Visitor Numbers: 1,750,177
The British Library is the national library of the UK and the largest library in the world, holding some 170 million items from around the world. It also has digital resources as well as books, newspapers, music recordings and even stamps.
Visitor Numbers: 1,627,599
National Maritime Museum
The National Maritime Museum in Greenwich, London, is the leading maritime museum in the country and one of the largest of its kind in the world. The museum also forms part of the Maritime Greenwich World Heritage Site.
Visitor Numbers: 1,516,258
The Tate Britain is the oldest gallery in the Tate network, opening in 1897. It covers historic and contemporary British art and has rooms dedicated to single artists such as Tracey Emin and John Latham. It also hosts the Turner Prize exhibition each year.
Visitor Numbers: 1,357,878
Bristol Museums, Galleries and Archives
Bristol has a number of free sites to visit including the Bristol City Museum and Art Gallery, located in the Clifton area of the city. It contains collections included Eastern art and the history of the city including English delftware.
Visitor Numbers: 1,037,528
Mac is an arts centre found in Cannon Hill, Edgbaston, Birmingham that holds art exhibitions, music classes and workshops as well as hosting plays and concerts.
Visitor Numbers: 996,523
Imperial War Museum London
The Imperial War Museum is found in London and aims to help with the study and understanding of modern war and the wartime experience. The collection includes personal and official documents, photos as well as an extensive library and art collection.
Visitor Numbers: 914,774 (disruption to numbers)
Museum of London
The Museum of London deals with the history of the capital city from prehistoric times to the modern day and is near the Barbican Centre. It has a series of chronological galleries covering the development of the city including Roman London and the Great Fire.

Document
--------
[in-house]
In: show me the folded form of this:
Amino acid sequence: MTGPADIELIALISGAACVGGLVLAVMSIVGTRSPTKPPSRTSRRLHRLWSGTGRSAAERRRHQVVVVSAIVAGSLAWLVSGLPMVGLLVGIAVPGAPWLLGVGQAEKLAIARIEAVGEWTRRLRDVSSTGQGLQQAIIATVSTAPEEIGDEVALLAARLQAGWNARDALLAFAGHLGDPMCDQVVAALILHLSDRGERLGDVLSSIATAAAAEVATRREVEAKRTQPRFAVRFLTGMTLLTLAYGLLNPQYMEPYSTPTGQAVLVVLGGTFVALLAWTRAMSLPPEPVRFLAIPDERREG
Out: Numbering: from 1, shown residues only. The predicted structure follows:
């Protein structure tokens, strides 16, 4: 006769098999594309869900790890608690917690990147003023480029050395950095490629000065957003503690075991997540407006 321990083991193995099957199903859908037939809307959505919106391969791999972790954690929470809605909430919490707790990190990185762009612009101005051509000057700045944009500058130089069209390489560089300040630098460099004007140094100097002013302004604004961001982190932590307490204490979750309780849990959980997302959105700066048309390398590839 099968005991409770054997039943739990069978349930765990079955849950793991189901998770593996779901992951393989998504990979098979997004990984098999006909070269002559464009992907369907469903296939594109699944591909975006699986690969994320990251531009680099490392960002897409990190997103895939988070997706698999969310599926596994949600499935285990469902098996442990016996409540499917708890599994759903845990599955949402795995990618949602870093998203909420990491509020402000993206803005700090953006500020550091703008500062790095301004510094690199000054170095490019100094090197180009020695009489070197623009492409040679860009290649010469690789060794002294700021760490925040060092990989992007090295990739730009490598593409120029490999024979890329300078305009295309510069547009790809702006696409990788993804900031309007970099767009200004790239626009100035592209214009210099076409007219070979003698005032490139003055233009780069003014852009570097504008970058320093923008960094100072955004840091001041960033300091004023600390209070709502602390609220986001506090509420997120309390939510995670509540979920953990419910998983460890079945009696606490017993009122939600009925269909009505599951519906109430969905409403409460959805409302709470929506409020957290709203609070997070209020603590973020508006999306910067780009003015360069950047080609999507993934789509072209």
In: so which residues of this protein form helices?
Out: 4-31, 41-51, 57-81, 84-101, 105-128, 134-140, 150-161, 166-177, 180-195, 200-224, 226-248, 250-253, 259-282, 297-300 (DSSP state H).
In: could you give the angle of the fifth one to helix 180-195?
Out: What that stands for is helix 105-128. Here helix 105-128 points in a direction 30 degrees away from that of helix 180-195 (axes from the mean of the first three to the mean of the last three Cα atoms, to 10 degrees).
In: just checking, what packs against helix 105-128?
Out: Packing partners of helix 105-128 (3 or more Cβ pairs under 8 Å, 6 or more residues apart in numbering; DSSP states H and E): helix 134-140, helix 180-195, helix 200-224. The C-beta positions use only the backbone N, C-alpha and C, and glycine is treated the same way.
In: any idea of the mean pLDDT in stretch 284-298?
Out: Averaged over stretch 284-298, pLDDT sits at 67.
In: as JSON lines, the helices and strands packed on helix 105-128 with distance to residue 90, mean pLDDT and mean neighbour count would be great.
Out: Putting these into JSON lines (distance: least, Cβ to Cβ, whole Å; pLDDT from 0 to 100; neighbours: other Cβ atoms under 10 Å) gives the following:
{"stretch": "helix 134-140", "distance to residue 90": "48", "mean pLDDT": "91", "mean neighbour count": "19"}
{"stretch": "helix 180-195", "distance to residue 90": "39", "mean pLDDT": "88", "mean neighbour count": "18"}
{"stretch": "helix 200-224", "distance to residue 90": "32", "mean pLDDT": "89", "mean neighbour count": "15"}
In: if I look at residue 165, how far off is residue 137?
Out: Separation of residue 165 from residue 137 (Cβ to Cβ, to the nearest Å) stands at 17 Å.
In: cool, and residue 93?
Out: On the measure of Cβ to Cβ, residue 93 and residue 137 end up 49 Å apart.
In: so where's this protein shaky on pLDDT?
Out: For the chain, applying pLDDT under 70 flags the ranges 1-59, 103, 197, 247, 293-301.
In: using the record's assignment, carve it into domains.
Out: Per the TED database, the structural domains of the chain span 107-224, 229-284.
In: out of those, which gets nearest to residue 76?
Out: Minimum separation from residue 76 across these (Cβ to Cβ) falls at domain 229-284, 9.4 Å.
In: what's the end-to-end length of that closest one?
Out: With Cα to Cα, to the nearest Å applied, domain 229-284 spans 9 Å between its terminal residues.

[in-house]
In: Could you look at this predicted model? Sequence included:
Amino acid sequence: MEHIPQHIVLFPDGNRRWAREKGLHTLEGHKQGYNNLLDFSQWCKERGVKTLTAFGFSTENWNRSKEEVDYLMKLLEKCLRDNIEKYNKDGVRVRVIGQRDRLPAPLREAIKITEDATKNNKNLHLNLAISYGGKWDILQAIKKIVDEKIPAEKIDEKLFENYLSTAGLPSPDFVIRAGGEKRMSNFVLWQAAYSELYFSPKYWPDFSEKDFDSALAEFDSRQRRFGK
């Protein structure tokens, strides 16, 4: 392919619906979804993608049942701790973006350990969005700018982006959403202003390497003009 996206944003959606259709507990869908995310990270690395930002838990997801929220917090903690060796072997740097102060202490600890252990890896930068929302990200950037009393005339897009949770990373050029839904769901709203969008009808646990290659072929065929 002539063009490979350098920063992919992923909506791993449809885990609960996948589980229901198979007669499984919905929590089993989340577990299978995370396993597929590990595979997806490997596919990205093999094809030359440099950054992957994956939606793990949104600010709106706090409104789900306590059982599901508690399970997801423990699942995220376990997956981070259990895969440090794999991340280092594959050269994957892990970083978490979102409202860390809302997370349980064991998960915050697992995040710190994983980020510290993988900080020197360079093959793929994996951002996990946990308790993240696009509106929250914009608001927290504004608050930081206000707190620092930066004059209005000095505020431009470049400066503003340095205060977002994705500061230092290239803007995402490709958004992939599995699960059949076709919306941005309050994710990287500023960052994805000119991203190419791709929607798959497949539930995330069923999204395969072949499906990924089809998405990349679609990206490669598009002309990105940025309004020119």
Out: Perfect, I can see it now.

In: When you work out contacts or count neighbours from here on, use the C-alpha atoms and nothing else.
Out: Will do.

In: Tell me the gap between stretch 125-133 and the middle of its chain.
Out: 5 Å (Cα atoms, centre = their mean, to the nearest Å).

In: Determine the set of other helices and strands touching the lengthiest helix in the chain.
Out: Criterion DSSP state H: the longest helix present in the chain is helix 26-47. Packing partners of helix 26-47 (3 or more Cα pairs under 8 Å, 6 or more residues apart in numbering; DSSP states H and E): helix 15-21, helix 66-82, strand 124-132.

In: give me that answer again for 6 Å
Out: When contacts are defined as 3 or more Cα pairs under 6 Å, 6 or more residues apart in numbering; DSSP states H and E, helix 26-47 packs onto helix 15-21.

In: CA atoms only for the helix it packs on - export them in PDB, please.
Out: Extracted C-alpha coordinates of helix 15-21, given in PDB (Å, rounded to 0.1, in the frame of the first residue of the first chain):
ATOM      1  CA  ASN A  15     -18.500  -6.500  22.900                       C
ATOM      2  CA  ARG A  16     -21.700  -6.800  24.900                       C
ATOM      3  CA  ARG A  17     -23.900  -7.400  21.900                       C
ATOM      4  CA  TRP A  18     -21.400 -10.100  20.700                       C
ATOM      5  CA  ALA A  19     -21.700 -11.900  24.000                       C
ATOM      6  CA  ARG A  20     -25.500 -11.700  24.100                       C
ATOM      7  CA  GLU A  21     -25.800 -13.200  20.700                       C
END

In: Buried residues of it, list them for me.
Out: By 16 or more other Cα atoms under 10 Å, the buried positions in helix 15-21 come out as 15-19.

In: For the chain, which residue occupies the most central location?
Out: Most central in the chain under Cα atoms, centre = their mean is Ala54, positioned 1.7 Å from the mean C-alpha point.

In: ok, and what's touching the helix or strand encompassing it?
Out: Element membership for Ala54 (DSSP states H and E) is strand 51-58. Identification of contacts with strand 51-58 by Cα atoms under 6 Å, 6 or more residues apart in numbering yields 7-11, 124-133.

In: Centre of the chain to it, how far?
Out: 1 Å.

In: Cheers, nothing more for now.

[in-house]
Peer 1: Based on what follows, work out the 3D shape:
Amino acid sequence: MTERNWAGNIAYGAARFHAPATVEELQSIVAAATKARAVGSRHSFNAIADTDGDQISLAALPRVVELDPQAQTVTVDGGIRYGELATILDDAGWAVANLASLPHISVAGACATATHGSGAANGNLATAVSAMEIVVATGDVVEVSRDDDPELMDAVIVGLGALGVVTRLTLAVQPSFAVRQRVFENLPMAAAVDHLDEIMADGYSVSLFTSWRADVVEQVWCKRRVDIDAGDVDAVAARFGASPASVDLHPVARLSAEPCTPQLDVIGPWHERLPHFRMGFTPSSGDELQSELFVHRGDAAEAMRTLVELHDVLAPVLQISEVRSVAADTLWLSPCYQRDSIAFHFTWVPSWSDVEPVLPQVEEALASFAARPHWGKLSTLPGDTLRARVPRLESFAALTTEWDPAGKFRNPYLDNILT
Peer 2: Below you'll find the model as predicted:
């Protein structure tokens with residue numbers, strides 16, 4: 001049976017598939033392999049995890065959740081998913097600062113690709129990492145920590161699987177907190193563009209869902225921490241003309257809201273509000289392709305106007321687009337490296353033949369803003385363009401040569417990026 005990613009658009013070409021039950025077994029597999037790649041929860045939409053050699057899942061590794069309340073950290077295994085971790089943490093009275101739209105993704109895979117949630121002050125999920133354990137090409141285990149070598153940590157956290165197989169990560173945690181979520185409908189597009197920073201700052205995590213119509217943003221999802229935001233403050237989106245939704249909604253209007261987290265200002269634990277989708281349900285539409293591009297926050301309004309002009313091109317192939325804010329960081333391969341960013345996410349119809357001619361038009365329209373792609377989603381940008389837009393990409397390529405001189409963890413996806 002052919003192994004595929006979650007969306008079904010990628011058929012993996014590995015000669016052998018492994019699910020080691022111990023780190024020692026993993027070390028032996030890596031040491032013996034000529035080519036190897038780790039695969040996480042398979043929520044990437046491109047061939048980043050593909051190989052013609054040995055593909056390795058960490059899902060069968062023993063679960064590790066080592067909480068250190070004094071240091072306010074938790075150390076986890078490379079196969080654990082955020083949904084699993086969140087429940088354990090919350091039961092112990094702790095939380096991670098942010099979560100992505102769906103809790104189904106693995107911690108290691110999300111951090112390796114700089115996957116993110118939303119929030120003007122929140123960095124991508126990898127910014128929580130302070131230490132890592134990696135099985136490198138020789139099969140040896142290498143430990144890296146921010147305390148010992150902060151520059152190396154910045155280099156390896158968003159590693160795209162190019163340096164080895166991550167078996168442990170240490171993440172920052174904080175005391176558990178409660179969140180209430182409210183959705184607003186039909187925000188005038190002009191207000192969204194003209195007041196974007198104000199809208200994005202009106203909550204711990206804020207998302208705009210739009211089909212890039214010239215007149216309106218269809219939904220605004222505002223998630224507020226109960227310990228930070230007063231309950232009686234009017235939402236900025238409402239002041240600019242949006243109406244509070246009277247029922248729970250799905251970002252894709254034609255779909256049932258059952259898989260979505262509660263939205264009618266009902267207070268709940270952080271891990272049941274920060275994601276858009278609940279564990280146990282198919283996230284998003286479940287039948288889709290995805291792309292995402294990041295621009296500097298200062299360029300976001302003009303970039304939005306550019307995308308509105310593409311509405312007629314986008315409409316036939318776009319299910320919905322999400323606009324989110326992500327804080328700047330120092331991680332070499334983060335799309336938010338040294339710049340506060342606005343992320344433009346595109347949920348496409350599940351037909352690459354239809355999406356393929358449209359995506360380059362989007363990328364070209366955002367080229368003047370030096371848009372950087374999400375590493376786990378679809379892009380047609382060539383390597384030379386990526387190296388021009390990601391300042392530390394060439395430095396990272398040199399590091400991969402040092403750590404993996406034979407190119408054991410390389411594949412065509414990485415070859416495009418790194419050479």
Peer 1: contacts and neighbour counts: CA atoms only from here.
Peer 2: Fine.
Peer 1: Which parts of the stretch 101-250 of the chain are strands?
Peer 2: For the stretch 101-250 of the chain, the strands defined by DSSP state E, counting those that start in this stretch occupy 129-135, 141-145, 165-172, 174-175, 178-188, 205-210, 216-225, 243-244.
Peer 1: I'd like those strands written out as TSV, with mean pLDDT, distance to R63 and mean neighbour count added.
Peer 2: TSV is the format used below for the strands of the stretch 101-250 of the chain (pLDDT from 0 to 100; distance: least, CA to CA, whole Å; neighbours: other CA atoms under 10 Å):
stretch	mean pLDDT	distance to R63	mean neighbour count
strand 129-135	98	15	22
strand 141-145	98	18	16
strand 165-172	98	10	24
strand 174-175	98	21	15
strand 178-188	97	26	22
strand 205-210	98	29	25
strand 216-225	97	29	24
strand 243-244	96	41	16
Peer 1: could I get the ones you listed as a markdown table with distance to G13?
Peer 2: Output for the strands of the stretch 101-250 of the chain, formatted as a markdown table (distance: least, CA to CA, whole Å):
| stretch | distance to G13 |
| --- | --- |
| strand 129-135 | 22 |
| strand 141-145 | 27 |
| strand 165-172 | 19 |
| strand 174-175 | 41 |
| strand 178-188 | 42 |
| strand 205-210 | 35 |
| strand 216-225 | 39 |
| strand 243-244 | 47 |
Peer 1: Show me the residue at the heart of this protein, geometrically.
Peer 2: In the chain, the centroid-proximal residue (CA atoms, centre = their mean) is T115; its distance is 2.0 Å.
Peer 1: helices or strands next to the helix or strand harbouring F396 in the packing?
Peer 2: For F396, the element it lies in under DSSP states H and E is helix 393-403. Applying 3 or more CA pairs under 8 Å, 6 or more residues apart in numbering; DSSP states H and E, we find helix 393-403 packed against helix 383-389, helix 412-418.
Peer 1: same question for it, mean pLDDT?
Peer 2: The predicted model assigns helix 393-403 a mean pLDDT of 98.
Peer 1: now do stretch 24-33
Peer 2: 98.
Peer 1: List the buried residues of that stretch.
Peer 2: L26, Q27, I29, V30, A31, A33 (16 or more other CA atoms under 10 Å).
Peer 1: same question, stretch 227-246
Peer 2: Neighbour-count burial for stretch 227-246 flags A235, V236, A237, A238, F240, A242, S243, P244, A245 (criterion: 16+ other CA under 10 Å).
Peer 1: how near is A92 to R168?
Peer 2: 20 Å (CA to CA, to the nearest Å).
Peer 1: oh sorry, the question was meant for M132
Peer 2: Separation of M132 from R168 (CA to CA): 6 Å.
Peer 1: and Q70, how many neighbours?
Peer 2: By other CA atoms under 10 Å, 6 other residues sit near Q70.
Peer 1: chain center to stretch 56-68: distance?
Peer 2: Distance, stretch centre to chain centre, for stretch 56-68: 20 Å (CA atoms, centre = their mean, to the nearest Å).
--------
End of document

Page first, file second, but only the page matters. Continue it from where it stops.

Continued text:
Visitor Numbers: 902,922
The Ashmolean Museum in Oxford was the world’s first university museum and was built to house a collection given to the University of Oxford by Elias Ashmole in 1677. Highlights include drawings by Michelangelo, Raphael and de Vinci as well as paintings by Picasso, Peter Paul Rubens and watercolours by Turner.
Visitor Numbers: 875,407
Horniman Museum and Gardens
The Horniman Museum is found in Forest Hill, London and opened in 1901. It is a collection of items based around anthropology, natural history and also musical instruments, numbering around 350,000 and has one of the world’s largest collections of stuffed animals as well as an aquarium noted for its unusual layout.
Visitor Numbers: 870,051
Avenham and Miller Park
Avenham and Miller Parks are two public parks near the centre of Preston, Lancashire. Avenham sits on the River Ribble and is a grade II listed park with a number of historic buildings within it. Miller Park is also close to the river and features a number of Victorian buildings and features including a grotto and fountain. The pair are separated by the East Lancashire Railway.
Visitor Numbers: 795,621 estimated
Data source: Visit England